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McMartin Defendants Not Guilty on 52 Counts; 13 Others Declared Mistrial

January 18, 1990 GMT

LOS ANGELES (AP) _ Jurors today acquitted the operators of the McMartin Pre-School of 52 counts of child molestation in the nation’s longest and costliest criminal trial. The judge declared a mistrial on 13 remaining counts.

Raymond Buckey, 31, and Peggy McMartin Buckey, 63, were found innocent of lewd and lascivious conduct with minors under 14.

Mother and son cried as the verdicts were announced. Buckey left the courthouse without making a comment, but his mother reacted angrily.

″I’ve gone through hell and now we’ve lost everything,″ Mrs. Buckey said outside court. ″My concern was for my son and what they’ve done to him ... because my son would never harm a child.″

″They’re making a big mistake,″ said Chris Collins, 18, who as a child was a student at the preschool in Manhattan Beach. ″When I woke up this morning, I thought they would be going to jail the next day. The justice system has let us down.″

The panel deadlocked on 12 molestation charges against Buckey and a single count of conspiracy against both defendants. Superior Court Judge William Pounders declared a mistrial on those counts. It was not immediately announced whether prosecutors would attempt another trial on the counts.

The jury spent nine weeks deliberating on the 65 molestation and conspiracy charges against the pair, who were accused of molesting 11 children during a five-year period at their family-owned preschool.

The highly publicized case at one point involved seven defendants and included allegations that teachers threatened to kill children and mistreated animals in order to make the children too scared to report sexual activity.

Buckey and his mother strongly denied abusing anyone, and the defense argued that the allegations from the children were a result of leading questions and coaching from well-meaning therapists and law enforcement officials.

Buckey spent nearly five years in jail without being convicted until his release on $1.5 million bail last February.

The trial ran nearly three years at a cost of $15 million. More than 1,000 pieces of evidence were entered and 124 witnesses testified, including nine of the children.

Charles Buckey, father of Raymond and husband of Mrs. Buckey, said, ″I feel wonderful.″

But a parent, Bob Curry, said: ″This is somebody else’s system. In baseball, it’s never over till it’s over. In child molestation, and this is a good example of it, it’s never over when it’s over.″

Several jurors talked to reporters after the verdicts were announced. ″I believe that the children believed what they were saying was true in the courtroom,″ said juror Julie Peters.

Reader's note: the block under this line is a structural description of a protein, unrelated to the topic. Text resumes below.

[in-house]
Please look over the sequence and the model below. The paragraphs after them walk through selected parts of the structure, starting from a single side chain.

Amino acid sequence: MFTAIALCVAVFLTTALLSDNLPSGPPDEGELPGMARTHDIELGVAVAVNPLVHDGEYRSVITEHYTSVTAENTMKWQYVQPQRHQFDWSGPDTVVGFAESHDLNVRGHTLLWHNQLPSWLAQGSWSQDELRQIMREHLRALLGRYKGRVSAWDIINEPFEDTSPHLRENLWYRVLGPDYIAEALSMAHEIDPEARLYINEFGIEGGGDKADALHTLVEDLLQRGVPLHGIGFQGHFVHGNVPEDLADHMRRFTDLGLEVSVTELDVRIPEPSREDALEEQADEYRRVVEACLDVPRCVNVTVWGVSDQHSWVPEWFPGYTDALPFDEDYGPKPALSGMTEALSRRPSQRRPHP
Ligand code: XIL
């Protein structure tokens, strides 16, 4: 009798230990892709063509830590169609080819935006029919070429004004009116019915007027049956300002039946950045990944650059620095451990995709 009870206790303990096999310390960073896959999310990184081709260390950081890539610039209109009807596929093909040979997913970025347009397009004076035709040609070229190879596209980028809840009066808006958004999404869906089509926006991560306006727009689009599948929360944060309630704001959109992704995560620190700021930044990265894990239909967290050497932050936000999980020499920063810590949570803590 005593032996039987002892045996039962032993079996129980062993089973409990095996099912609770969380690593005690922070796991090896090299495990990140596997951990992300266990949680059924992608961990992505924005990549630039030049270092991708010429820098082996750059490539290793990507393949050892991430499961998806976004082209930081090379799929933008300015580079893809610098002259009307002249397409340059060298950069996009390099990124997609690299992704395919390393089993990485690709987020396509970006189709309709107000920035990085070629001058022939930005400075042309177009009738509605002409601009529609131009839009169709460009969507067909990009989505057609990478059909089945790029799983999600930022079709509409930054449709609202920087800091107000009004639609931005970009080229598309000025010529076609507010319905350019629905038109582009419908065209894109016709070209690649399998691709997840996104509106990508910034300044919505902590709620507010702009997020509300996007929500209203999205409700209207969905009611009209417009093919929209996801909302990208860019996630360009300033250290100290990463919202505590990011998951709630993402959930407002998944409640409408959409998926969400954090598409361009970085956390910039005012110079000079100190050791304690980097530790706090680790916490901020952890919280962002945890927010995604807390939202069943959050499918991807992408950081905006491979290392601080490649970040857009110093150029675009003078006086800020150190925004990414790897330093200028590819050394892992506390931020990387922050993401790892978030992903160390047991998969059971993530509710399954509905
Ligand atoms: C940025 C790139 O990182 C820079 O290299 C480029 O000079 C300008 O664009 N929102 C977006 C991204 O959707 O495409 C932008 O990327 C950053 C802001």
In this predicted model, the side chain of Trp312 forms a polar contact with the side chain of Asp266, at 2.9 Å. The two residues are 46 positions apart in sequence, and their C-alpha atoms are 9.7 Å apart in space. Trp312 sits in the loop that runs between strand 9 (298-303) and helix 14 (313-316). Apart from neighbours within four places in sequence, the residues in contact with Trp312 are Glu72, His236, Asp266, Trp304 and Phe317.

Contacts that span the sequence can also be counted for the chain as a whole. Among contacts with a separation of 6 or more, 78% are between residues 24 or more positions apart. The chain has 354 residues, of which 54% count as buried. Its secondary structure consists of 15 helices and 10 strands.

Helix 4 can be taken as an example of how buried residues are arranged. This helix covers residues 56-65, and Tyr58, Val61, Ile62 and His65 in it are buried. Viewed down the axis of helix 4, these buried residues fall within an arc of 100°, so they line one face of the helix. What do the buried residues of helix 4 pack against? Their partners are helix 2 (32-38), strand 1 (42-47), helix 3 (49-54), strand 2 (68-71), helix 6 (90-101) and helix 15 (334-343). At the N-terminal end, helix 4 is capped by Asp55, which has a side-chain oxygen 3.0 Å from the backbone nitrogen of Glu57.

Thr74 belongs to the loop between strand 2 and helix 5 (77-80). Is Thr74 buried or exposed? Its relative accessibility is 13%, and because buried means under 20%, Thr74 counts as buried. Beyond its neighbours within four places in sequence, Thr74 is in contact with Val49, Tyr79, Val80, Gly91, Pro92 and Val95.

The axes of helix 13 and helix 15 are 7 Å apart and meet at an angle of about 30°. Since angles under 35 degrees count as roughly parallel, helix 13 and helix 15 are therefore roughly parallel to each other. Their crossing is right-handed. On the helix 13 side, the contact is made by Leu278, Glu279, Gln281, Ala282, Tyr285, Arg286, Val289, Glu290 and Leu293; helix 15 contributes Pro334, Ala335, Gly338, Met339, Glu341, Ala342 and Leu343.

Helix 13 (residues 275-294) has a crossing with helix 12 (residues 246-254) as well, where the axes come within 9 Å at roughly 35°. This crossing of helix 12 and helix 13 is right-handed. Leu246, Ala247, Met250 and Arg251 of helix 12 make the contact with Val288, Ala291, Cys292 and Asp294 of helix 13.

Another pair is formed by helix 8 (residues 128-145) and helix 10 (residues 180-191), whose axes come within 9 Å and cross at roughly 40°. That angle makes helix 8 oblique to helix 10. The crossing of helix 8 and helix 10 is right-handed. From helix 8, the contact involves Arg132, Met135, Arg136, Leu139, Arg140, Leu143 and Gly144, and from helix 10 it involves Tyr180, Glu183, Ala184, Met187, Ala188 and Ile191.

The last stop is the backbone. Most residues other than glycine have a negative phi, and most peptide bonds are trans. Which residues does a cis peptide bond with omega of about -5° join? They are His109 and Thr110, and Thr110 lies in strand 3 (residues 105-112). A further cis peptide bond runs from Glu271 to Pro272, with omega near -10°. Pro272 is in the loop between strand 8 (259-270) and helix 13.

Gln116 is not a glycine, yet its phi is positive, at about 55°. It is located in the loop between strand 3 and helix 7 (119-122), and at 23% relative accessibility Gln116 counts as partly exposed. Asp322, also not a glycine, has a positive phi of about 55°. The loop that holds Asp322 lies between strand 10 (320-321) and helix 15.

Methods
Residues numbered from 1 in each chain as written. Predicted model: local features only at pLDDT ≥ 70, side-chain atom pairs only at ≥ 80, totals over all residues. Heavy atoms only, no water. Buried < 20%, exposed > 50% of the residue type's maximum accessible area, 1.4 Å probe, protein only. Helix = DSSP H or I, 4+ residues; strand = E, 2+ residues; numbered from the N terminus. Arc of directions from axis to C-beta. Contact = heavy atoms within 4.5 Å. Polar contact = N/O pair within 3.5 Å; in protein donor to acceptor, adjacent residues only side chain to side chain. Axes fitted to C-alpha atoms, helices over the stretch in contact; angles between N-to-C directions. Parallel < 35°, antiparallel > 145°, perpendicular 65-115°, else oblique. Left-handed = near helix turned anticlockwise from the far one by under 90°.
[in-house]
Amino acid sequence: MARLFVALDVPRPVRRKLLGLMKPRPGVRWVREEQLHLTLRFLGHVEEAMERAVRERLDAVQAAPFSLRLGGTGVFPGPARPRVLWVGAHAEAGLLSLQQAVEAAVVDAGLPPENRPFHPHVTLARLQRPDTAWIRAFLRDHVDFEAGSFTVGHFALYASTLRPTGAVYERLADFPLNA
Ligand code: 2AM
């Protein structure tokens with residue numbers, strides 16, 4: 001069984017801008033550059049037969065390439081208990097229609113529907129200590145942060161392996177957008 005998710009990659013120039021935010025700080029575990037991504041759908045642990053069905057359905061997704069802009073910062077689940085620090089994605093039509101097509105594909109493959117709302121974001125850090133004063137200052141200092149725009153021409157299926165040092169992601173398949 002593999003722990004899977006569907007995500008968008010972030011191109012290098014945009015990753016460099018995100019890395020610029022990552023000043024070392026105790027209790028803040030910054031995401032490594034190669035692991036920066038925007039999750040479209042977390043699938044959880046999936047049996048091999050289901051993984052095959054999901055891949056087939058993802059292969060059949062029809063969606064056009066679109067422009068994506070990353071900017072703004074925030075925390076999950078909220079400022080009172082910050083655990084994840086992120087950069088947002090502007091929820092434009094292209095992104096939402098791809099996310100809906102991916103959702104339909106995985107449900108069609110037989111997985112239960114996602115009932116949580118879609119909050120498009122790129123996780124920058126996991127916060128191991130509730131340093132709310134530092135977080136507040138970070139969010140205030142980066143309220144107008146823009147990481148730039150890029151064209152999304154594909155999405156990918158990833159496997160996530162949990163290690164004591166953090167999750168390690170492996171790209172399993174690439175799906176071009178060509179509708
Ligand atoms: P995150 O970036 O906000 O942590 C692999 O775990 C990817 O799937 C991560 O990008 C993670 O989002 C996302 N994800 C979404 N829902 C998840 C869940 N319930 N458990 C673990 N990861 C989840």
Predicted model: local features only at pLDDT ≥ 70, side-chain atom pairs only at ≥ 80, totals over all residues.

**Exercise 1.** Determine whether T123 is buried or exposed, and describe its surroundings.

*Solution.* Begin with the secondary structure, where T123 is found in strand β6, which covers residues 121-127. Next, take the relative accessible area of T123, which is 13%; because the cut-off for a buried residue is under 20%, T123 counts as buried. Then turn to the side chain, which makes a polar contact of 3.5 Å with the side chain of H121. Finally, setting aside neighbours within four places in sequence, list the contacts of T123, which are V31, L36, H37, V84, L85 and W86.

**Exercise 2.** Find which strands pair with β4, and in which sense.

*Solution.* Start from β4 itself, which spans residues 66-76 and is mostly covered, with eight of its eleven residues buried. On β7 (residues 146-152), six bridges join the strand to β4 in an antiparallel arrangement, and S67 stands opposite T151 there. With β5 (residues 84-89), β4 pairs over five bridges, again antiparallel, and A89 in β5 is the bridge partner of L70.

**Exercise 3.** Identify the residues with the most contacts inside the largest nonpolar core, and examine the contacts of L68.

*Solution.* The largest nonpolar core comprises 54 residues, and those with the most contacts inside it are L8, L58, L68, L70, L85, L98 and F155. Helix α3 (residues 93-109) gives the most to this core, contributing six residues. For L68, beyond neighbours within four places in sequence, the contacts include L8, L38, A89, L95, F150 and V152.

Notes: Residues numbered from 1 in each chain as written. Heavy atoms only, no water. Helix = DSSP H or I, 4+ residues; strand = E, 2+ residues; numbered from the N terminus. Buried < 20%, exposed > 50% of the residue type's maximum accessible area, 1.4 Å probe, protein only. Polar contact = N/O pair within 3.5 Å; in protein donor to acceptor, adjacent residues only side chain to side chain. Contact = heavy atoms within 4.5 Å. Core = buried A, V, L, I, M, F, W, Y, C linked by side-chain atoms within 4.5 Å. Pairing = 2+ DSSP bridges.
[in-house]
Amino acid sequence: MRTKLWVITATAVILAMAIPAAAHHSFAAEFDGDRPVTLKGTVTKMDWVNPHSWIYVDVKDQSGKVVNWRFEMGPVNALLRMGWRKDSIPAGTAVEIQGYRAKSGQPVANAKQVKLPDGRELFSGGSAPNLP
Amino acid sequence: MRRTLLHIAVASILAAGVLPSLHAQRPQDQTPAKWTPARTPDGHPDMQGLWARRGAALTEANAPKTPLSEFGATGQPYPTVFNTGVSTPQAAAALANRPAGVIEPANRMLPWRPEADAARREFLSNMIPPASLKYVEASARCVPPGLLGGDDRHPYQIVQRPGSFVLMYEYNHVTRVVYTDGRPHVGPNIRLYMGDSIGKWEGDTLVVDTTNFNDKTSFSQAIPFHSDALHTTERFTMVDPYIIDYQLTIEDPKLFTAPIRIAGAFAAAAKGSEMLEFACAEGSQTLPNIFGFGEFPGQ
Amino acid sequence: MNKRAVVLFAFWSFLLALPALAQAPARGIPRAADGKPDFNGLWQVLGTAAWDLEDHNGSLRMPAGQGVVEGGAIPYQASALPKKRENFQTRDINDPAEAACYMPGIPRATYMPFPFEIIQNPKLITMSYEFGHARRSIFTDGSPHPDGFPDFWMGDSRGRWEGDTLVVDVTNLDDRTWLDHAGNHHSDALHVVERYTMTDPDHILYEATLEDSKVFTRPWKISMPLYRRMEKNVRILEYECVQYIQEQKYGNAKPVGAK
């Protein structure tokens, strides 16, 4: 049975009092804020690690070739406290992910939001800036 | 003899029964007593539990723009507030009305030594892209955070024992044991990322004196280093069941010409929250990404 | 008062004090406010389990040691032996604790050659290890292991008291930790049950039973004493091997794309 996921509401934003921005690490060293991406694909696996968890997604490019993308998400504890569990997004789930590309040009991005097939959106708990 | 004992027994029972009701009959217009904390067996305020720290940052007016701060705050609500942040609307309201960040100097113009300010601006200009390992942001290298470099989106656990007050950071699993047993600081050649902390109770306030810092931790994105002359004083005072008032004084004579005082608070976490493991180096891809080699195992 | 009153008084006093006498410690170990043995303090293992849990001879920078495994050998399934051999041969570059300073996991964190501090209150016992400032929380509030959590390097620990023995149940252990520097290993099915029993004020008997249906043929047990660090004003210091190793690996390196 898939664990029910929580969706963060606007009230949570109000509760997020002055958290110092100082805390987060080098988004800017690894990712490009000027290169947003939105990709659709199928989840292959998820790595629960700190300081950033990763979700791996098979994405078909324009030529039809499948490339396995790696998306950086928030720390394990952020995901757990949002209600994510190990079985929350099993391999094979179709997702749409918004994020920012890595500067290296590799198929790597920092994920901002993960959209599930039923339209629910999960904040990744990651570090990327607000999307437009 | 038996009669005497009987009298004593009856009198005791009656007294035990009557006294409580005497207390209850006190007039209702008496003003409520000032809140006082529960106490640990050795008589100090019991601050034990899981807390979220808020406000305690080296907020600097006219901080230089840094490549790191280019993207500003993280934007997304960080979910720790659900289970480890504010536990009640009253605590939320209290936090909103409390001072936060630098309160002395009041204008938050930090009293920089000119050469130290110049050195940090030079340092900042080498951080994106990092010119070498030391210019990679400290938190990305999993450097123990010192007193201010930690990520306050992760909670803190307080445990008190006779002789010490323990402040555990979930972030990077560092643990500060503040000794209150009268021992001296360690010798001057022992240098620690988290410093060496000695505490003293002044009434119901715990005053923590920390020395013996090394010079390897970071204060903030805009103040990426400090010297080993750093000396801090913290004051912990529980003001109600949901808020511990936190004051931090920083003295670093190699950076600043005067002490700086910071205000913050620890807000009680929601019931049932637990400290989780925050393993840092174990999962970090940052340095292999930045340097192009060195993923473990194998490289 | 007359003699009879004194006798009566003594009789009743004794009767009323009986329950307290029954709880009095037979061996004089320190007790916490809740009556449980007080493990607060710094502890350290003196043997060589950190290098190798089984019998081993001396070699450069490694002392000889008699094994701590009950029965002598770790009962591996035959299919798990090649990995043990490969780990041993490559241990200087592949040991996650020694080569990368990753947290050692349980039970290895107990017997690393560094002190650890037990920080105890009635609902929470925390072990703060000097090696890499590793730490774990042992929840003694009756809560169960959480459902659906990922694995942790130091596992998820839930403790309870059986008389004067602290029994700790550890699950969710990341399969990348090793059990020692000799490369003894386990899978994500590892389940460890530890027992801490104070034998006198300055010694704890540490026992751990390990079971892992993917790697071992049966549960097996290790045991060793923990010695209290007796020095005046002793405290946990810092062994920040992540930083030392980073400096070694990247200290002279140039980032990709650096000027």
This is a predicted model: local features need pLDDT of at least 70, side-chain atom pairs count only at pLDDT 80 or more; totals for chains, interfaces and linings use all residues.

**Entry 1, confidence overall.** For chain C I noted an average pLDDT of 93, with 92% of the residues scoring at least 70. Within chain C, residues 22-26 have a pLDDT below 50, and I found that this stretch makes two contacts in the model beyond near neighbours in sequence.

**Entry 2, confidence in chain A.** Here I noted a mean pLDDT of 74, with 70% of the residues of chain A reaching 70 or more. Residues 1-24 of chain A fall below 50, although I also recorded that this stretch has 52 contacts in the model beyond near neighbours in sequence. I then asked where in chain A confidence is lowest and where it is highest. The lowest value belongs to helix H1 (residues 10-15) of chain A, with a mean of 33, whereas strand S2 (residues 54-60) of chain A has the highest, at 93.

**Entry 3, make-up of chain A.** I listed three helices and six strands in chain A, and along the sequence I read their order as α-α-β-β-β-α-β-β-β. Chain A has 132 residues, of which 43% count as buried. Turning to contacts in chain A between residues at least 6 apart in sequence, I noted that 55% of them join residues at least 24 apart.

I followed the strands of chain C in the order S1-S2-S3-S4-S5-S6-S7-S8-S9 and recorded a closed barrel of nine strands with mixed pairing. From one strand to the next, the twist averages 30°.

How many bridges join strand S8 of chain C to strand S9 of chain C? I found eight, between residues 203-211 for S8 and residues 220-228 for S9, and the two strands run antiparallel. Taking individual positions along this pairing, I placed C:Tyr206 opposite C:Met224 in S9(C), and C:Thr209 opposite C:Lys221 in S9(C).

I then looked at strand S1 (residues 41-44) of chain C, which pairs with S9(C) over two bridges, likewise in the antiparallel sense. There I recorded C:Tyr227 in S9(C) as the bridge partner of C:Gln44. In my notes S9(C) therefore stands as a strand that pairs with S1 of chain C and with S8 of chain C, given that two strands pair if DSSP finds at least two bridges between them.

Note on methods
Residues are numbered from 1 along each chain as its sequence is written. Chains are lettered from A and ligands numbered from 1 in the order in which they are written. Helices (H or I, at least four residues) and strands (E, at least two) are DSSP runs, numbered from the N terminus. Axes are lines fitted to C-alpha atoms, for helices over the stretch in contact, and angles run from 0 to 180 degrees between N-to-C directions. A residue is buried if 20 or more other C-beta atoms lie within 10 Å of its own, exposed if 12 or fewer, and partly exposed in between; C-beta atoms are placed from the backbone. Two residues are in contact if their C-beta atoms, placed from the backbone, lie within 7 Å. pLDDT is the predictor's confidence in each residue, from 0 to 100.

Another juror, Brenda Williams, said, ″Even if you accept that the children were molested, it didn’t necessarily mean they were molested at the McMartin Pre-school. We did the best job we could do with the information that was given us.″

A single scream was heard in the crowded courthouse hallway when the verdicts were read. An unidentified woman wept into her hands and another looked distressed. Friends or relatives shielded the women from TV cameras.

Prosecutor Lael Rubin said, ″We ultimately must respect the jury’s decision even though I personally disagree with it.″ She said the children and their families ″cannot be forgotten or overlooked.″

Buckey and his mother were required to stand trial after an 18-month preliminary hearing. But five women teachers who worked at the preschool had charges against them dismissed. Among those were Buckey’s sister, Peggy Ann, and his grandmother, Virginia McMartin, who founded the once prestigious but now defunct nursery school.

The McMartin investigation ignited a wave of hysteria about child molestation in Southern California and nationally. It produced widespread fear among working parents that their children might not be safe in the private schools they chose to care for them.

Other child molestation cases surfaced in the wake of McMartin but none received as much publicity.

A jury of 12, plus six alternates, began the trial in April 1987. As months and years passed, job problems and illness took its toll, leaving the bare dozen panelists needed to deliberate and avoid a mistrial on all 65 counts.

The McMartin case began in August 1983 when Judy Johnson, mother of a child at the school, called Manhattan Beach police. She told the department’s sex abuse and juvenile investigator that her son’s bottom was red and that he had spoken of a man named Ray who worked at the school. Letters were sent alerting parents to check their children for signs of molestation.

Mrs. Johnson, suffering from alcohol and mental problems, died at the age of 44 a few months before trial began. Defense attorneys contended she was unbalanced and that the case that emerged was largely the result of her increasingly bizarre allegations.

On the basis of her complaint, Buckey was arrested, released and later rearrested. By 1984, when indictments were handed up, prosecutors alleged Buckey, his mother, sister, grandmother and three other women teachers had molested hundreds of tots at the school during a five-year period.

Children gave investigators accounts of satanic rites and animals tortured to frighten the youngsters into silence.

When Buckey and his mother finally came to trial in 1987, the focus of the prosecution had narrowed. What had originally been hundreds of counts of child molestation was pruned to 64 counts and a shared count of conspiracy. The 41 children once said to have been abused came down to 11 alleged victims.

Pounders summed the case up at one point. ″The case has poisoned everyone who had contact with it,″ he said. ″By that I mean every witness, every litigant and every judicial officer. It’s a very upsetting case.″

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